“Honk if you love Pluto,” is one of the many signs displayed at the seventh annual “Dwarf Planet Pride Day” held in Seattle, Washington to protest the dismal of beloved Pluto. Although it does not seem likely that Pluto will be reinstated as a planet, there is still hope for many that believe that there are nine planets in our solar system with the recent discovery of “Planet Nine."
Researchers at the California Institute of Technology have discovered evidence that point to an object with a mass ten times that of the Earth, and orbits twenty times farther from the sun. According to Cal Tech, “It would take this new planet between 10,000 and 20,000 years to make just one full orbit around the sun.” This marks the first significant planetary discovery since Neptune in 1846, and Cal Tech researchers are confident that this object, which is five thousand times the mass of Pluto, is large enough to rule out any question on if it is a true planet or not.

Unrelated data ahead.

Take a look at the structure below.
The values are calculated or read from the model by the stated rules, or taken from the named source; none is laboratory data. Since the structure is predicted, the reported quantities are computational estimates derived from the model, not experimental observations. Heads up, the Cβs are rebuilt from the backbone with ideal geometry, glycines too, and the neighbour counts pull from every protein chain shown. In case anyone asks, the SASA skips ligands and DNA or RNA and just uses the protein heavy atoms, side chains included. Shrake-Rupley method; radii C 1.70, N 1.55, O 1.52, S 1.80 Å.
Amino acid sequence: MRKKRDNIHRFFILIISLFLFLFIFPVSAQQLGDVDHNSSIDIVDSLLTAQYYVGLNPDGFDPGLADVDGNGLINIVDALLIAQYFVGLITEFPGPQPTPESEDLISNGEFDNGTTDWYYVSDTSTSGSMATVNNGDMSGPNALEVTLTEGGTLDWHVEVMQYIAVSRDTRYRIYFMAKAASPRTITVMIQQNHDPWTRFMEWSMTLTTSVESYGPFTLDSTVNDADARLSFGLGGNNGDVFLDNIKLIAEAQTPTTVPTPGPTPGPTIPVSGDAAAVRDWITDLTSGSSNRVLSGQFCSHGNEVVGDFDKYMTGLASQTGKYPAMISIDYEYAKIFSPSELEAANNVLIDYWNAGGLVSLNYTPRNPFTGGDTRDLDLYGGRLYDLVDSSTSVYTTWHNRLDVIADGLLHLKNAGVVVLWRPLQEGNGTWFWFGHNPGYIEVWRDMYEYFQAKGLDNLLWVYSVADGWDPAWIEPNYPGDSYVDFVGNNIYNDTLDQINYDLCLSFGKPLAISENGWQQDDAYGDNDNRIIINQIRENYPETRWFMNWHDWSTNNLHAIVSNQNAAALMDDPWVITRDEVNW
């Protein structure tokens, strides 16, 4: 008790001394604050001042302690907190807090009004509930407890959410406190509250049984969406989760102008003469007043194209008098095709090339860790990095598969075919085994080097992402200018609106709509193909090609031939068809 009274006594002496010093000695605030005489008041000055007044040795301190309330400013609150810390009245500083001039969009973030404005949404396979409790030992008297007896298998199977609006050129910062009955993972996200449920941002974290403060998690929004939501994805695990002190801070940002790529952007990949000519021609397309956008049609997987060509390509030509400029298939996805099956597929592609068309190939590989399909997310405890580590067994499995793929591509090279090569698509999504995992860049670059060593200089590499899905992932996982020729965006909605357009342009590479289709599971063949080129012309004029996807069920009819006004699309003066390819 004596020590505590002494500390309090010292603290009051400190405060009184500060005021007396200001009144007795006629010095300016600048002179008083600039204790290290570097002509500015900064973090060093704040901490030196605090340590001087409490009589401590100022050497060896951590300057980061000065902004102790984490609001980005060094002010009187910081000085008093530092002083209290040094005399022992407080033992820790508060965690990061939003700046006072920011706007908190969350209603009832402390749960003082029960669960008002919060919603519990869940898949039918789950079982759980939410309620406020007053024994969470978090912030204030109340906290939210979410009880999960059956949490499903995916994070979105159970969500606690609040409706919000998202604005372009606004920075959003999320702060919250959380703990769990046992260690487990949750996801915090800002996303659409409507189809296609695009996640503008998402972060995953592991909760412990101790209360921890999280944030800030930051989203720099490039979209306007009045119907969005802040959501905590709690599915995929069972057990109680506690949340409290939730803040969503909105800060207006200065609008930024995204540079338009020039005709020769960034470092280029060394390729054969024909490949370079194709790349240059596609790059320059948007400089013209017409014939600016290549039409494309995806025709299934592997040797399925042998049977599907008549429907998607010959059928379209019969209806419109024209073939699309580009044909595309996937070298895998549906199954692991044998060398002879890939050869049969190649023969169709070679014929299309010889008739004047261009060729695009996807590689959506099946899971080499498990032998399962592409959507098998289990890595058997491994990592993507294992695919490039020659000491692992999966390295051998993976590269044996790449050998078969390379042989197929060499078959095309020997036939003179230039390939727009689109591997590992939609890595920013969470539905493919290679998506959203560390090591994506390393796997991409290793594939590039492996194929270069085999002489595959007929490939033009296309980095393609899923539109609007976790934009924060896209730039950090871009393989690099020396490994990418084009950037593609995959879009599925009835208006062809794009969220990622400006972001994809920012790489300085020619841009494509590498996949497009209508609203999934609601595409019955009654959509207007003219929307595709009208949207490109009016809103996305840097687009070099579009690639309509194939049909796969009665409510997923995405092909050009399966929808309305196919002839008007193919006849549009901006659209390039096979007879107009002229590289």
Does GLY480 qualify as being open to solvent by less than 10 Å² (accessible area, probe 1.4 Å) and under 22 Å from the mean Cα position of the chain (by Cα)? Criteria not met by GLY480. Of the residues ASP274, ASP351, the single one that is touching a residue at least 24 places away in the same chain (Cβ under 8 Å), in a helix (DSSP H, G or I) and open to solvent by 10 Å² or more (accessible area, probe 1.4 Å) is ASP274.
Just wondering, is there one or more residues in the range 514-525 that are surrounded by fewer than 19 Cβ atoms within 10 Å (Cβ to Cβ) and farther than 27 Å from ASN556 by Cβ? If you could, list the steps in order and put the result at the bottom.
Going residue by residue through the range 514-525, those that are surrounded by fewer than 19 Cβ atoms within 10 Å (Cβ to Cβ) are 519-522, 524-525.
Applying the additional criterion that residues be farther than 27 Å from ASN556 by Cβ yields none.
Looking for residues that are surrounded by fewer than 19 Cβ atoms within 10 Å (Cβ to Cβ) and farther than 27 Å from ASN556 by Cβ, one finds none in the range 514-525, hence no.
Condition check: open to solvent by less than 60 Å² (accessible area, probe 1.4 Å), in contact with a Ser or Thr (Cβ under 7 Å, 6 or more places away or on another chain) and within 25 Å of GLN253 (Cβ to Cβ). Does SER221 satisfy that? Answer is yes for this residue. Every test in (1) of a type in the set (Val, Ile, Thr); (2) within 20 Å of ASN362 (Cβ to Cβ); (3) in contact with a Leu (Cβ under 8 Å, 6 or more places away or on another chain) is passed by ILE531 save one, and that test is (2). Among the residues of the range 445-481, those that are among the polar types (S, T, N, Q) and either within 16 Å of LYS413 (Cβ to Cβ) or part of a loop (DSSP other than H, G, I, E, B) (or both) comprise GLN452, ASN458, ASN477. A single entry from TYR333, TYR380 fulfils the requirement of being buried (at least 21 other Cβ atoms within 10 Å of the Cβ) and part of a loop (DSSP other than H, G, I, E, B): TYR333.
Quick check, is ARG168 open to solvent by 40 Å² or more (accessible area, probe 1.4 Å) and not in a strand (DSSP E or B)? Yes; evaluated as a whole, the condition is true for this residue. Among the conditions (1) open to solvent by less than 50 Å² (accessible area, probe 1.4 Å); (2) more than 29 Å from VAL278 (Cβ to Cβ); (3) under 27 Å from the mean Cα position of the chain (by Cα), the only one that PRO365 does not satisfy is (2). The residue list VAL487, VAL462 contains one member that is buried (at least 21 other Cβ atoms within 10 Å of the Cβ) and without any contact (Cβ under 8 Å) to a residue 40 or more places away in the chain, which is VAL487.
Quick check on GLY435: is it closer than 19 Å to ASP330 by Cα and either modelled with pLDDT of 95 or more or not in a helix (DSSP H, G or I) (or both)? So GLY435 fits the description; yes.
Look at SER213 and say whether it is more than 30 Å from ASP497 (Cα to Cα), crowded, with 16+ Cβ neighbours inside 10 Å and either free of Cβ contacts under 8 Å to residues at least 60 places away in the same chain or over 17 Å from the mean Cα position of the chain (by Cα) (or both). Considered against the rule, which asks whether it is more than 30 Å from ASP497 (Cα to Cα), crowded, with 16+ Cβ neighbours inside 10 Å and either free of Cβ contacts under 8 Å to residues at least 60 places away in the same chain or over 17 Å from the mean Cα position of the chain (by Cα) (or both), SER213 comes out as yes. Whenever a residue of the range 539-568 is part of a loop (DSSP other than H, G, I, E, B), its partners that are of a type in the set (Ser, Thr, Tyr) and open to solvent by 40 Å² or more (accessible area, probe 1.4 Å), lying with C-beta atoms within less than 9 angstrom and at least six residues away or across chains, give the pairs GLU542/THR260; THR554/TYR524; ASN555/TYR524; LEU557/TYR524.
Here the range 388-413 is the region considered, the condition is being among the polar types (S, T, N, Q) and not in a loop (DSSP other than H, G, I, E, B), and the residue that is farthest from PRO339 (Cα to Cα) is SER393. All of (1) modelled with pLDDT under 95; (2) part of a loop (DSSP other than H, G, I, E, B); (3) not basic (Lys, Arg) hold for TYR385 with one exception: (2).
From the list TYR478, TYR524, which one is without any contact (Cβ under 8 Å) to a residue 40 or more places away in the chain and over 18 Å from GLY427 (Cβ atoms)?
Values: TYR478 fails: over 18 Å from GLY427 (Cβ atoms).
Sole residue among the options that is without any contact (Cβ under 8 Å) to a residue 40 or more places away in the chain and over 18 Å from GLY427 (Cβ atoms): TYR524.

The discovery of this object more complicated than just looking through a telescope, and screaming “Eureka!” Researchers Mike Brown and Konstantin Batygin haven’t actually seen the object, but they noticed an anomaly in the Kuiper Belt, the field of ice and debris beyond Neptune. They saw that this debris had unusual orbits that all pointed in the same direction as if it was being pulled by gravity. Using mathematical modeling and simulations, Brown and Batygin came to the conclusion that a planet with the demographics of “Planet Nine” was exerting the gravity essential to shape the debris.
Despite the planets “bizarre, highly elongated orbit,” depending on where it is in its ten thousand year journey, many telescopes will possess the ability to find it. Although Brown would love to find the beloved object that he helped discover, he is even more excited about inspiring global researchers to try and find it themselves while it wonders in the endless abyss.